Lessons to Learn From Nepal’s Mountain Tragedy

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A week after storms caused by Cyclone Hudhud took the lives of about forty people in the central Himalayas, definitive information about the number of casualties and their nationalities, the number of people rescued, and the number of people missing is still not available, but three lessons from the tragedy are clear.

First, better information has to be available to locals living in, and tourists trekking through, the high mountains. The morning of the tragedy was overcast and, in places, light snow was falling. Conditions didn’t look dangerous: No one knew what lay in store.

That apparently includes the government’s Department of Hydrology and Meteorology. The cyclone and its huge bank of thick clouds covering much of the northern Indian sub-continent were clearly visible on weather maps that morning, but there was no alert issued.

cyclone hudhud
Aftermath of Cyclone Hudhud

Even if there had been an alert, there was no mechanism in place to distribute it effectively. Nepal needs a weather warning system like the one operated by NOAA in the United States, linked to radio and television stations and available through low-cost, special-purpose radios. While that is being implemented, a protocol is needed to alert police and army posts about severe weather warnings. The security services could then notify village officials who in turn could spread the news to lodge owners and trekkers passing through the area.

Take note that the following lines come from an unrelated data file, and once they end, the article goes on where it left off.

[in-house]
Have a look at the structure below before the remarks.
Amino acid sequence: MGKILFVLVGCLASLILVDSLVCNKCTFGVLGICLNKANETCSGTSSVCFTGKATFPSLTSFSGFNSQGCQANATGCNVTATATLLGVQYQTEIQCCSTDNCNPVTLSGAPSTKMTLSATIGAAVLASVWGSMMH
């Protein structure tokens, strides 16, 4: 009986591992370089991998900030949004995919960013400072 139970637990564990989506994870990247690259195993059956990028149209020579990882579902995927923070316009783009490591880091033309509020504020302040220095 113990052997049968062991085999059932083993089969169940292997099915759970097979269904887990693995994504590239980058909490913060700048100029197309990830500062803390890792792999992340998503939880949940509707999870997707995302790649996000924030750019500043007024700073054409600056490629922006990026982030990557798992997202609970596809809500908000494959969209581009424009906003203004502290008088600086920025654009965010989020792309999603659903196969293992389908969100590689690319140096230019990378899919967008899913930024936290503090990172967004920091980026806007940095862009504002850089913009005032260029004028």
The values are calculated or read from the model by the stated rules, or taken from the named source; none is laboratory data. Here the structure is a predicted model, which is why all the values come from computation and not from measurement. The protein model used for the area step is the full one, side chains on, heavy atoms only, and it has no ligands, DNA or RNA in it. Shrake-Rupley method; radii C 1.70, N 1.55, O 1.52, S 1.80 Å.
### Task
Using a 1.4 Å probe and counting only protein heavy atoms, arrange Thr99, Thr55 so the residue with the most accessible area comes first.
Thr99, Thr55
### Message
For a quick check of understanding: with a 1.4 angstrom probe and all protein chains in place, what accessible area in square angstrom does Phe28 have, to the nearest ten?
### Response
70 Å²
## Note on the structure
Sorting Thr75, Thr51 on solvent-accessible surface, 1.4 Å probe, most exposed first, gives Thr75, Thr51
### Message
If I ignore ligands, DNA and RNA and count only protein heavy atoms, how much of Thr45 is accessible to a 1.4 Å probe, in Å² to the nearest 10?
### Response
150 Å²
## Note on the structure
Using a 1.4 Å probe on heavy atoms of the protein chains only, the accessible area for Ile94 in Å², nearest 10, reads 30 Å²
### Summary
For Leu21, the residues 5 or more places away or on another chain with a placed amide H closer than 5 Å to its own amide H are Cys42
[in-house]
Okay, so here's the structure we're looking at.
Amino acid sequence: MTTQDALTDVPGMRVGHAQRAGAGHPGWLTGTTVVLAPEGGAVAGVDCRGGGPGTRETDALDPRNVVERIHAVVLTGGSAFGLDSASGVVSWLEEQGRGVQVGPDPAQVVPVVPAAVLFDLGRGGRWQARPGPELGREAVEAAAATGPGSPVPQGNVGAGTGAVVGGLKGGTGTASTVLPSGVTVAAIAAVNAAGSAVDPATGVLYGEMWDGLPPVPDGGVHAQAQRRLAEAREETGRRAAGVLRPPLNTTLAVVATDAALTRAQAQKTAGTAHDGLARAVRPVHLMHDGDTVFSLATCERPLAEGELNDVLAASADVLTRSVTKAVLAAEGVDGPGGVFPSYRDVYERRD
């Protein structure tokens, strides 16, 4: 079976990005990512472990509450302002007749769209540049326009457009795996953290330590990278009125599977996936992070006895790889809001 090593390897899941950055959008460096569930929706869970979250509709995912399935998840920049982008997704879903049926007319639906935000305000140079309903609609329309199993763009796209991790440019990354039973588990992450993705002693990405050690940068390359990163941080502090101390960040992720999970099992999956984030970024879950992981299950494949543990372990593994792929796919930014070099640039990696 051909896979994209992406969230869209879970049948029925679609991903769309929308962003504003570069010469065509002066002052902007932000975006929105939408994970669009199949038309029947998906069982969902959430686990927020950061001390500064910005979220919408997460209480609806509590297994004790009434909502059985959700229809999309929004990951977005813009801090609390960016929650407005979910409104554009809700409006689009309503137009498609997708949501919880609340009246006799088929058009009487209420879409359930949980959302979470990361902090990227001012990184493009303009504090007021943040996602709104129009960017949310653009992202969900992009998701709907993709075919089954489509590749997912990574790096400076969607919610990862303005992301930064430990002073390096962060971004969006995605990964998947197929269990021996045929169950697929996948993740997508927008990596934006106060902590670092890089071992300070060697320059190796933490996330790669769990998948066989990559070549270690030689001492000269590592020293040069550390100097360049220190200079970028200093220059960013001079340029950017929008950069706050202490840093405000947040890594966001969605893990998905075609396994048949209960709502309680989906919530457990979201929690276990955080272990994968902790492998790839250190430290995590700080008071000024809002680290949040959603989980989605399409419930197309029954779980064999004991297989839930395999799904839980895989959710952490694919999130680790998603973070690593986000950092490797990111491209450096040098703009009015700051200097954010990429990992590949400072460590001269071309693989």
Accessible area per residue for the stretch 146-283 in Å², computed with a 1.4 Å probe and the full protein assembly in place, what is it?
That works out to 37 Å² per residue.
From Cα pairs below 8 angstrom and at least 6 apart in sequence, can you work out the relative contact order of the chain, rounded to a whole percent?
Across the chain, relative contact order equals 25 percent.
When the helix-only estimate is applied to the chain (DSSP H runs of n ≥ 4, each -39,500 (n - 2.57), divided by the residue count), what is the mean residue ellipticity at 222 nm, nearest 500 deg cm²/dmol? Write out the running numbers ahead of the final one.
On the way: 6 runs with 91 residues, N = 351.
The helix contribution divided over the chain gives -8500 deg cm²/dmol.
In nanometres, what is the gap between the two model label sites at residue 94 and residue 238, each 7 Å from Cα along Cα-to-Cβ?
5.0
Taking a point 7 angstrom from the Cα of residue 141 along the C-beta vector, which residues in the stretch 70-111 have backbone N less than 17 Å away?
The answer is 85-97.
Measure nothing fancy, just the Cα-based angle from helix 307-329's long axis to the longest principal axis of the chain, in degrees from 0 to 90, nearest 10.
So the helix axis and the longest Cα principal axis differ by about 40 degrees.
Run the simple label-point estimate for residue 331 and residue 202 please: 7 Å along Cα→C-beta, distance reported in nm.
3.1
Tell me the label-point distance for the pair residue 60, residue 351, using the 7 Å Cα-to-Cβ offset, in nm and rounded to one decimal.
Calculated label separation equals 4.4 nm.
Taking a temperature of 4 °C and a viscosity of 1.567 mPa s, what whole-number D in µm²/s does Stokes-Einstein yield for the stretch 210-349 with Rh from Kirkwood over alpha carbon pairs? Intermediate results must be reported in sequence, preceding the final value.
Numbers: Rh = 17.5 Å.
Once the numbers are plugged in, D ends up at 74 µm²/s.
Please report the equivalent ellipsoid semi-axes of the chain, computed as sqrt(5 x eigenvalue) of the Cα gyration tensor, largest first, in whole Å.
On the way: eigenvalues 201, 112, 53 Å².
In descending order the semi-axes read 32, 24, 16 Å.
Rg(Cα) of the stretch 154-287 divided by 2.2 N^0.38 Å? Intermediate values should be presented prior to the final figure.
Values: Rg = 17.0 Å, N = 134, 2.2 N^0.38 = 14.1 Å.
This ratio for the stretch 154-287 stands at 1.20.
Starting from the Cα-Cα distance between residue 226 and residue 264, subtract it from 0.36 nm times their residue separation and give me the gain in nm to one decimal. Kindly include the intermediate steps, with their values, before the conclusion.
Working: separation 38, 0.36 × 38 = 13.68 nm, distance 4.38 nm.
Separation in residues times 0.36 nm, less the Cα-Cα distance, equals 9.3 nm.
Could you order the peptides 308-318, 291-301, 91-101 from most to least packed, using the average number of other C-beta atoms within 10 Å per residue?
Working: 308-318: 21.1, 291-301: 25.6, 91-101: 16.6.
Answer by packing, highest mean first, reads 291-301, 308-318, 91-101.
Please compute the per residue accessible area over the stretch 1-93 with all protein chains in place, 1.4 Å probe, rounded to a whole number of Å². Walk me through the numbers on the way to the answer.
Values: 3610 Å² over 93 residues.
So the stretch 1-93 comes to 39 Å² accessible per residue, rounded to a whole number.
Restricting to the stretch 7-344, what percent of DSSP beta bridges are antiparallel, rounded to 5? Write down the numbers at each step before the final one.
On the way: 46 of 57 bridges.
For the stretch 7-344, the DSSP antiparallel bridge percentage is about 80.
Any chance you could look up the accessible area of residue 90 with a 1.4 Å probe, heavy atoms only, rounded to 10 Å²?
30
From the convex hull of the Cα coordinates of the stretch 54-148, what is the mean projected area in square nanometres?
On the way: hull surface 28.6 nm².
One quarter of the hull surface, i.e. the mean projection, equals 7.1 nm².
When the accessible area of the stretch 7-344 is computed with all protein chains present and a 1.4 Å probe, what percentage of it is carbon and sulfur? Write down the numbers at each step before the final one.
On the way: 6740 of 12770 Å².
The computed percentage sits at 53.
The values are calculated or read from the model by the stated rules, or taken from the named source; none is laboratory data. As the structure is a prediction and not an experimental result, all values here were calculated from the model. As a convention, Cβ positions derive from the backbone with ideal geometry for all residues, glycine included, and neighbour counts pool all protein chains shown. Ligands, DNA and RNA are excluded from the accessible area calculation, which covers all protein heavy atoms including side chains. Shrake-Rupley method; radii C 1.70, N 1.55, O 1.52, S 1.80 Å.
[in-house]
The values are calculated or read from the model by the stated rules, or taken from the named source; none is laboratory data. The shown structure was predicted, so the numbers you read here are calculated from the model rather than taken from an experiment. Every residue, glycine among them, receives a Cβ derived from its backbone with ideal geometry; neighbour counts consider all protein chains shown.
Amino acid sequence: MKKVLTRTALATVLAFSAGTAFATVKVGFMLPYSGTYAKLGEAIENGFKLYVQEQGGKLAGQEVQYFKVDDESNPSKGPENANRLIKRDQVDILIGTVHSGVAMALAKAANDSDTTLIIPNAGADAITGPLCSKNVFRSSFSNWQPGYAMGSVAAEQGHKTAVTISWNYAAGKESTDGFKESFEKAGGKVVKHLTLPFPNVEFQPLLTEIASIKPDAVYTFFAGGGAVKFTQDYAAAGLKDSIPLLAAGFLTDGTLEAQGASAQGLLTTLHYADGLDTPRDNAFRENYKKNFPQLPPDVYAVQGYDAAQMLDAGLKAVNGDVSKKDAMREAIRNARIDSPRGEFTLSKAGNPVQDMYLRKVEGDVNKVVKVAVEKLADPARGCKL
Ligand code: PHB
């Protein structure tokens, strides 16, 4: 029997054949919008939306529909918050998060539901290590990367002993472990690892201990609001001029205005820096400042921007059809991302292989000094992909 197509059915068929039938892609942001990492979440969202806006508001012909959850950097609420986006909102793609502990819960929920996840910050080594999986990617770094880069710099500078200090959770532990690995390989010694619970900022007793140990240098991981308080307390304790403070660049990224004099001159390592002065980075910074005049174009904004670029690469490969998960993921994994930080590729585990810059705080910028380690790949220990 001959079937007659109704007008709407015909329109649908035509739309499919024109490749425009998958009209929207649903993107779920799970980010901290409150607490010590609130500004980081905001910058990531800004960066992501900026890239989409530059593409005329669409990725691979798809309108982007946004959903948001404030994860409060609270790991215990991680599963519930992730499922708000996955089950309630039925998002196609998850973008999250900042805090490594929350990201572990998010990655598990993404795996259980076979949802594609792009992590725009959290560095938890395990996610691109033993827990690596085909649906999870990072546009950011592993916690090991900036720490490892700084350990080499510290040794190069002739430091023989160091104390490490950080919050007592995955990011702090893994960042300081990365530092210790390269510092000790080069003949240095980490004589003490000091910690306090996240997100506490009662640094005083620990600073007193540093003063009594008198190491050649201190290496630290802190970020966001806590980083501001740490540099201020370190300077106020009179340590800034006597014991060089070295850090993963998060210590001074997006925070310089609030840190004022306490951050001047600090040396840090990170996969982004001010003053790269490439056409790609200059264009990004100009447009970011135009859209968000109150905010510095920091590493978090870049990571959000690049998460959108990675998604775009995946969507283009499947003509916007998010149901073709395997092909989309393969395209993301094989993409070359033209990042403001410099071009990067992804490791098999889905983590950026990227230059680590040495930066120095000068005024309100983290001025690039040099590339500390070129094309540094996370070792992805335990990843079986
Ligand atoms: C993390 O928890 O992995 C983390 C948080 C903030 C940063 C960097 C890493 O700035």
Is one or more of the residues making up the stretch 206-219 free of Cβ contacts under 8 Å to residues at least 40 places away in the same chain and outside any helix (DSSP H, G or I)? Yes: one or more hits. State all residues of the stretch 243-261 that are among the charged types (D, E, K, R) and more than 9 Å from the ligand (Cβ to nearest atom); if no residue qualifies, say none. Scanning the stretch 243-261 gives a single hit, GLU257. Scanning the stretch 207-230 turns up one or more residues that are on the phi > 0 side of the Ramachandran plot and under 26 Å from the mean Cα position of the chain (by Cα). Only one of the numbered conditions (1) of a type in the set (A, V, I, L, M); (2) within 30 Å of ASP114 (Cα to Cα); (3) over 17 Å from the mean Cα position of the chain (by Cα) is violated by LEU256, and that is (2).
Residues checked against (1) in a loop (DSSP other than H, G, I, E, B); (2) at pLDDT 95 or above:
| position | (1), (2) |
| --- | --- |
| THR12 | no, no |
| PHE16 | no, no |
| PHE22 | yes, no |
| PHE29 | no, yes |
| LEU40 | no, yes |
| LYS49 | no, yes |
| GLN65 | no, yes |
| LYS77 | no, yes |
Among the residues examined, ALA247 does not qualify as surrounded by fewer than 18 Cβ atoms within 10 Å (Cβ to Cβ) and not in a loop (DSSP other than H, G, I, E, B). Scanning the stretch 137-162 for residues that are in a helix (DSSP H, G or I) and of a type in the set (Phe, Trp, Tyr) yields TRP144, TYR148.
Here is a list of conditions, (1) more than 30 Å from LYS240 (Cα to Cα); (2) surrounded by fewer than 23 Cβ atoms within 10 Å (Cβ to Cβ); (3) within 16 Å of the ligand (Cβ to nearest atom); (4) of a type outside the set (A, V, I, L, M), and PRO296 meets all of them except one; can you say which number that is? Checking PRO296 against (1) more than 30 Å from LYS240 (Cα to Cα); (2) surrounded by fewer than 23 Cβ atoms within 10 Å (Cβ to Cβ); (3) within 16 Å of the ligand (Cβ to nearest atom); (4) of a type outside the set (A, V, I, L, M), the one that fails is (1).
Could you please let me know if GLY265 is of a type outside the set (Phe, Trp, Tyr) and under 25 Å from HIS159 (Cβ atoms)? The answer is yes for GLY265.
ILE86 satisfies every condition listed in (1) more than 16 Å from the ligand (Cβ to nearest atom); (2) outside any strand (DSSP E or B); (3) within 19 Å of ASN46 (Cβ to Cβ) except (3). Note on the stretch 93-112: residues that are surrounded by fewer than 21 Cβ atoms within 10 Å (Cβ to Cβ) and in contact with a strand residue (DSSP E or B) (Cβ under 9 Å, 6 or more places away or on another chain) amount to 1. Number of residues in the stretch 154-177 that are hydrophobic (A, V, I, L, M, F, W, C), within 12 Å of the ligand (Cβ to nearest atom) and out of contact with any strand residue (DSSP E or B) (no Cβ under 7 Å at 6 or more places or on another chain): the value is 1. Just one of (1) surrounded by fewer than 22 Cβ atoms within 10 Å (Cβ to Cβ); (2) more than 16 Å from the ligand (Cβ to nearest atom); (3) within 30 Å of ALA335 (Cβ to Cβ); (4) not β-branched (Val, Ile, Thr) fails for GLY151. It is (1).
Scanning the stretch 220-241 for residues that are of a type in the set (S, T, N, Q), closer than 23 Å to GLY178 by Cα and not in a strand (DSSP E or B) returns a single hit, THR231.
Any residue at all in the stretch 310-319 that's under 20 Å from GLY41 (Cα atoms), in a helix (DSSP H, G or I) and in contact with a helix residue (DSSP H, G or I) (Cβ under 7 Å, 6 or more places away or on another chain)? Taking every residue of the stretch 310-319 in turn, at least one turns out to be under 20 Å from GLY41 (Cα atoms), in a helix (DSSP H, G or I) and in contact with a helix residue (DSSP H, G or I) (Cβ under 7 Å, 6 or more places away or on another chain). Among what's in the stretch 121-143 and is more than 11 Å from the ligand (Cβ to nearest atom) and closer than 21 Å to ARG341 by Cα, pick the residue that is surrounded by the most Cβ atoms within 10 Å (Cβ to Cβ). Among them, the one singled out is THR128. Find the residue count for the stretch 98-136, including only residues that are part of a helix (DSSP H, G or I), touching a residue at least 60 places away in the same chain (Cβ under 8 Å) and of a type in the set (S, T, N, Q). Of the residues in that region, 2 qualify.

Second, Nepal needs to require that foreign trekkers have a licensed guide with them. It appears that most of the casualties along the popular Annapurna Circuit route were solo trekkers without guides. One survivor’s story says that trekkers who reached a high pass along the route couldn’t decide whether to go back or continue, and that they had difficulty finding the trail. A professional guide could have made all the difference to them.

And the third lesson is demonstrated by the confusion over the numbers of people affected. This has been a miserable failure on the part of the country’s disaster management systems. The Home Ministry has called off its search saying that there is no one left to rescue, but the trekking agencies’ professional association says that they still have missing-persons reports and are continuing to search. An inquiry commission needs to review this incident to identify the communications failures and recommend improvements.

This storm was a freak event, the sort of thing that might happen once in a decade. But Nepal faces other natural disasters routinely. Each year during the June to August monsoon season, hundreds of Nepalis die in floods and landslides. Last week’s incident gained much wider visibility though because about half of the casualties were foreigners. That may spur the government to action, and if that happens, Nepalis will be the main beneficiaries.

John Child is The NewsBlaze Nepal Correspondent, a journalist in Kathmandu who writes about goings-on in and around Nepal and her neighbors.